Lucy wants hi DC-- i.e. small % of binder, large % of HiDC.

It means that you can approximate it by assuming that the

E-field is normal to the electrodes.

A 50% e1=2 and 50% e2=10 can be modeled as a cap with half

of the gap filled with e1 and the rest with e2.

If the air gap gives C capacitance, the e1 will be 2*e1*C

the HiDC half 2*e2*C .

Q.E.D.

If you want to model it, put insulating or metal particles in an electrolite and measure the conductance which is

analogous with the capacitance. ( The capacitance

is proportional with the [reactive] conductance ]

<nbucska@pcperipherals.com>

## RE: High dielectric constant

## RE: High dielectric constant

I am afraid I can’t agree with your model. I have a little picture which shows a parallel plate capacitor with about 60% high dielectric material as parallel plates. The other half shows the dispersed high dielectric, again with about 60% high dielectric.

http://www.logbook.freeserve.co.uk/image/dielectric.gif>

The cylinders (this is a 2D model) nearly touch so the gaps are small and the field is much more like a parallel connection rather than a series connection. Modelling it as parallel plates would seem to be inappropriate.

I have written my own 2D field solver (commercially available) so I tried your idea of putting insulating cylinders in the field. The result was a 4:1 Increase in the resistance for perhaps 60% of insulating cylinders. As I said, the evidence for this type of effect is seen for RF iron dust cores.

I hope you find this argument convincing.

## RE: High dielectric constant

Still waiting for answer.

Log:

No.

<nbucska@pcperipherals.com>

## RE: High dielectric constant

If you want a better model,try :

http://www.korozja.pl/2_01_01.pdf or search <www.dogpile.com>

Lucy:

What is your frequency range? Do you need energy

storage, time delay or Z0 matching?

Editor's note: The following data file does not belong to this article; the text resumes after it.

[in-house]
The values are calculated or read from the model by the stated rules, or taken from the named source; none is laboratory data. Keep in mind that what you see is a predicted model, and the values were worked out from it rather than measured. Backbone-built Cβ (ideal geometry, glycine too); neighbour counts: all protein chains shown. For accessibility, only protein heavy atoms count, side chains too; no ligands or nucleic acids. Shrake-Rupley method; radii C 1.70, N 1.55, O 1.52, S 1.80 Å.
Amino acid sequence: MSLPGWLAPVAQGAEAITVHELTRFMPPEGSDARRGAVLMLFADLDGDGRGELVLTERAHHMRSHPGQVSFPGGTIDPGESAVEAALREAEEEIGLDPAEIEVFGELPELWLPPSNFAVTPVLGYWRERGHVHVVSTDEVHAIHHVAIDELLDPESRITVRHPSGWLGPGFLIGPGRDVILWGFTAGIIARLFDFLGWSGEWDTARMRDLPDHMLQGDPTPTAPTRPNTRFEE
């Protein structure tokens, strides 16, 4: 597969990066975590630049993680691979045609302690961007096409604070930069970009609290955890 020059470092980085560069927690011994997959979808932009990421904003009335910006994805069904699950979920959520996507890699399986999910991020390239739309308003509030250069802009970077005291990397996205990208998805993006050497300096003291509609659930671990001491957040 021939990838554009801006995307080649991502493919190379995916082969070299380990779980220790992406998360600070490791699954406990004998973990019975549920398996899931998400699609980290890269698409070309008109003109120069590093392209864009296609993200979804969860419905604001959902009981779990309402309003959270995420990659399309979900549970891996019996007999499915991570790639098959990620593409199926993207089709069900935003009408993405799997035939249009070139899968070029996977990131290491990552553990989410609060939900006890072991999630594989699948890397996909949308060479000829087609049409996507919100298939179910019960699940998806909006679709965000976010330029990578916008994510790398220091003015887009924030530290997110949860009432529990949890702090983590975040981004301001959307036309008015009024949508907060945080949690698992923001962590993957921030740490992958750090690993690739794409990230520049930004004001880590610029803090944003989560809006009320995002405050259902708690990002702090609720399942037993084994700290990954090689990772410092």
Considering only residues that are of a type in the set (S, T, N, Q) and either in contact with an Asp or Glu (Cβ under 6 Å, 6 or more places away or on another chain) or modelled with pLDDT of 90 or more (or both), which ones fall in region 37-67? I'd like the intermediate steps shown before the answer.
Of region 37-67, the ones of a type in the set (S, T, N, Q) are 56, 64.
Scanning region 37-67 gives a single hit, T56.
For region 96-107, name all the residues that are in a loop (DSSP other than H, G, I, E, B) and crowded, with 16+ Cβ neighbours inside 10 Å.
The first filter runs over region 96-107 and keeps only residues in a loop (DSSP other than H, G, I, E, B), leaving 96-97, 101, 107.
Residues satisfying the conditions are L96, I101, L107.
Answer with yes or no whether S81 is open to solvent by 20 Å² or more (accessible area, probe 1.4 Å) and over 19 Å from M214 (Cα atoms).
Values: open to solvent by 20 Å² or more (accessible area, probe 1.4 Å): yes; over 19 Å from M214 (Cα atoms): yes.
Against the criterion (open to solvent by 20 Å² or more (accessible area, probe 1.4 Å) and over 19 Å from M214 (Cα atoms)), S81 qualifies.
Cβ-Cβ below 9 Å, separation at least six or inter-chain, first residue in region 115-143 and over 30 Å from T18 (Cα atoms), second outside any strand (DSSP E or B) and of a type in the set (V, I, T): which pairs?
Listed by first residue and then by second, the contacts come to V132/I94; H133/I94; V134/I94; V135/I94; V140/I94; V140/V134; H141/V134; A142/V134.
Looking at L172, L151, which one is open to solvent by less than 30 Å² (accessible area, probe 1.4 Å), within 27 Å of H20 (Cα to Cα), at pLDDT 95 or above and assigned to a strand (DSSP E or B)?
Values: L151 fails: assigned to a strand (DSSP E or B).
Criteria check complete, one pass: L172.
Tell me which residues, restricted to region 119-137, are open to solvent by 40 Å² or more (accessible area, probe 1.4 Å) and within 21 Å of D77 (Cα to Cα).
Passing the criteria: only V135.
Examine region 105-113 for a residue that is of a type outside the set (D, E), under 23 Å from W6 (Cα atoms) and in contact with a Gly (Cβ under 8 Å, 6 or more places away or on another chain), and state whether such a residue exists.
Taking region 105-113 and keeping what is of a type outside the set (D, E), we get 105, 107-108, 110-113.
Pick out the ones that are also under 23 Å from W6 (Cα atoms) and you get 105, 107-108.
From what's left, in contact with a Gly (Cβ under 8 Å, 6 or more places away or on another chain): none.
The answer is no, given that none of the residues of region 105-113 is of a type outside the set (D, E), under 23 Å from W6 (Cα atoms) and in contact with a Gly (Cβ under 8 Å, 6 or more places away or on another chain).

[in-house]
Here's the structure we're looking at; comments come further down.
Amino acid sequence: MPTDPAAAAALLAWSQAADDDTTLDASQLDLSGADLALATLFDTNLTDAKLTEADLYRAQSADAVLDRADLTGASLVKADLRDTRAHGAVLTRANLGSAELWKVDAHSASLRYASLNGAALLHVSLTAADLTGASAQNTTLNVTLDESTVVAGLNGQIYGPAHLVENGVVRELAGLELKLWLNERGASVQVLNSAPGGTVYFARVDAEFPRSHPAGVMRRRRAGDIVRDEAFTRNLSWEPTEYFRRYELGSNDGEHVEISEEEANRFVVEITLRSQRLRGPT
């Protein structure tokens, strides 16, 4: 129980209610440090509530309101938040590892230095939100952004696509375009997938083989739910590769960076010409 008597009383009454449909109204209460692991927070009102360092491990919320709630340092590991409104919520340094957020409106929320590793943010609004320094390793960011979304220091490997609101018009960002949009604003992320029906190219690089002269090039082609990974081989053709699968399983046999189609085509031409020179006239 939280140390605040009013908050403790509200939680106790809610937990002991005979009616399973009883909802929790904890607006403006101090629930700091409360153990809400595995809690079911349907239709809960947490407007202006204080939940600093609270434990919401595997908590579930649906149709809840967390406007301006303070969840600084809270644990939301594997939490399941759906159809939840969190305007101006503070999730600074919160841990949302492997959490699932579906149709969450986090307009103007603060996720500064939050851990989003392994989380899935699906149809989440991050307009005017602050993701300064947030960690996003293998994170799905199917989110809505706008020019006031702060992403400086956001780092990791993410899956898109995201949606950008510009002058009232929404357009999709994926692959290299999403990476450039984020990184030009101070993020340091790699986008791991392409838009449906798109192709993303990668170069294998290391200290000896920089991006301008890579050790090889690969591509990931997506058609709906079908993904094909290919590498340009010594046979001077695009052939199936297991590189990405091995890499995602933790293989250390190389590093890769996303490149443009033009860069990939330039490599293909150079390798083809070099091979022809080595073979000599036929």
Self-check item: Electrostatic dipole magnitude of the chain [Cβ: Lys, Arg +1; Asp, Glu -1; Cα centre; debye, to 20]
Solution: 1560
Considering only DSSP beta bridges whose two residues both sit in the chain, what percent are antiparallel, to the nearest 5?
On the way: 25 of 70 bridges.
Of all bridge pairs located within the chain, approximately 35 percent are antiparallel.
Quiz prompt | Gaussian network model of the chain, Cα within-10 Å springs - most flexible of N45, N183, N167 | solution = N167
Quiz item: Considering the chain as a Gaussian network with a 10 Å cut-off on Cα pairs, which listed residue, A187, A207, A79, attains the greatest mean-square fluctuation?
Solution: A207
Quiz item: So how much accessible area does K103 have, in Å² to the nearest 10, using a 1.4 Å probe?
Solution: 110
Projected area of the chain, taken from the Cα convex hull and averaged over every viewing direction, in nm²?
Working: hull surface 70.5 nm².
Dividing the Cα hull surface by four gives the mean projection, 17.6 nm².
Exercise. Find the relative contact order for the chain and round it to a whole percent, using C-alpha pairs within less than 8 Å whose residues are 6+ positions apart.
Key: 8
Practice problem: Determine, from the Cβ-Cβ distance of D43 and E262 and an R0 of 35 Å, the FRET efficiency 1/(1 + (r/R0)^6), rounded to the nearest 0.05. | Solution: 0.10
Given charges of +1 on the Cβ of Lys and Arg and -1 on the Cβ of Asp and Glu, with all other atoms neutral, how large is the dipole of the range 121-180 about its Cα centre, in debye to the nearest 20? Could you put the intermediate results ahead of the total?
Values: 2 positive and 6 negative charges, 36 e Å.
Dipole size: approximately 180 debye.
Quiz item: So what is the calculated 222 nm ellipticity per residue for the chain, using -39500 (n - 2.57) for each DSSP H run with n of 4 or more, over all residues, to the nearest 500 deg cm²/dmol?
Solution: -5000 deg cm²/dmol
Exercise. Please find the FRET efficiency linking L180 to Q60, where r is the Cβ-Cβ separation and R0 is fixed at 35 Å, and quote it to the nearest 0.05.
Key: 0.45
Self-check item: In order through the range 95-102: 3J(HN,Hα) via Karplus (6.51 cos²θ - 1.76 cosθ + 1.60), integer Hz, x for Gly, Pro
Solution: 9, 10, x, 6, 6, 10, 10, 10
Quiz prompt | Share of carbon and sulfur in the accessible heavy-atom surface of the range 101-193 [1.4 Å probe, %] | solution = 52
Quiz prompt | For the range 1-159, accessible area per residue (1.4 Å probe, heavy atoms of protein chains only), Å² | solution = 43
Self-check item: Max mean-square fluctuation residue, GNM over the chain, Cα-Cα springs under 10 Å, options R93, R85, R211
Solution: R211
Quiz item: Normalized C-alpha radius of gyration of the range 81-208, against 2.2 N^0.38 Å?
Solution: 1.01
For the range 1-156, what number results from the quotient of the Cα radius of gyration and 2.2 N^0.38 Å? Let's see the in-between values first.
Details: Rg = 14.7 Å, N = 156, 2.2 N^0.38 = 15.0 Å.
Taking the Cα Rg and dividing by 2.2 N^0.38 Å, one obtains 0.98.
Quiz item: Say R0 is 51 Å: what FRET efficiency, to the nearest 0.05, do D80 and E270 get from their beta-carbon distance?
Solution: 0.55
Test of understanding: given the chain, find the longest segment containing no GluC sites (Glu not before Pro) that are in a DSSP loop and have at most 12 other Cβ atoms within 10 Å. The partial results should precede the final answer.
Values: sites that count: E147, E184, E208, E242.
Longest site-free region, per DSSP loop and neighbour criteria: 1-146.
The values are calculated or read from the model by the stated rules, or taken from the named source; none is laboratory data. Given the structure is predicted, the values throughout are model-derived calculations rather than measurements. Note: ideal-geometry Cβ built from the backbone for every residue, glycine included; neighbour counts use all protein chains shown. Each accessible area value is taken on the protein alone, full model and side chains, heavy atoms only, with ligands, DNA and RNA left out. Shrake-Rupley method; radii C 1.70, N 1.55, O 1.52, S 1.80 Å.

<nbucska@pcperipherals.com>

## RE: High dielectric constant

Thank you for the reference. I don’t think this paper is relevant to the question at hand, however, since it is talking about surface effects, whereas we are talking about effects in the bulk material. With a surface effect, such as on the surface of a cylinder, I would agree that the capacitances are in series.

I would think that the finite element analysis results which I mentioned would have been the conclusive proof. It is hard to understand what objection there could be to this sort of numerical integration. If I were to mix iron filings with oil to get a ferro-fluid with high permeability then the result might be contentious on the basis of the particles potentially coagulating into chains. The FEA avoids this sort of experimental/practical uncertainty.

## RE: High dielectric constant

I wouldn't use magnetic model -- it is non-linear and

you can't keep particle edges out of saturation.

<nbucska@pcperipherals.com>

## RE: High dielectric constant

Yes, that is a good point … which we can both agree on.

## RE: High dielectric constant

I found a source for e=40 composite:

http://www.tplinc.com/nano-composite_dielectrics.htm

Log:

Search <www.dogpile.com> for "composite dielectric" --

there are many ref-s.

<nbucska@pcperipherals.com>

## RE: High dielectric constant

Get USP 6,608,760 from <www.uspto.gov>. It has litt.reference and zillions of patents.

<nbucska@pcperipherals.com>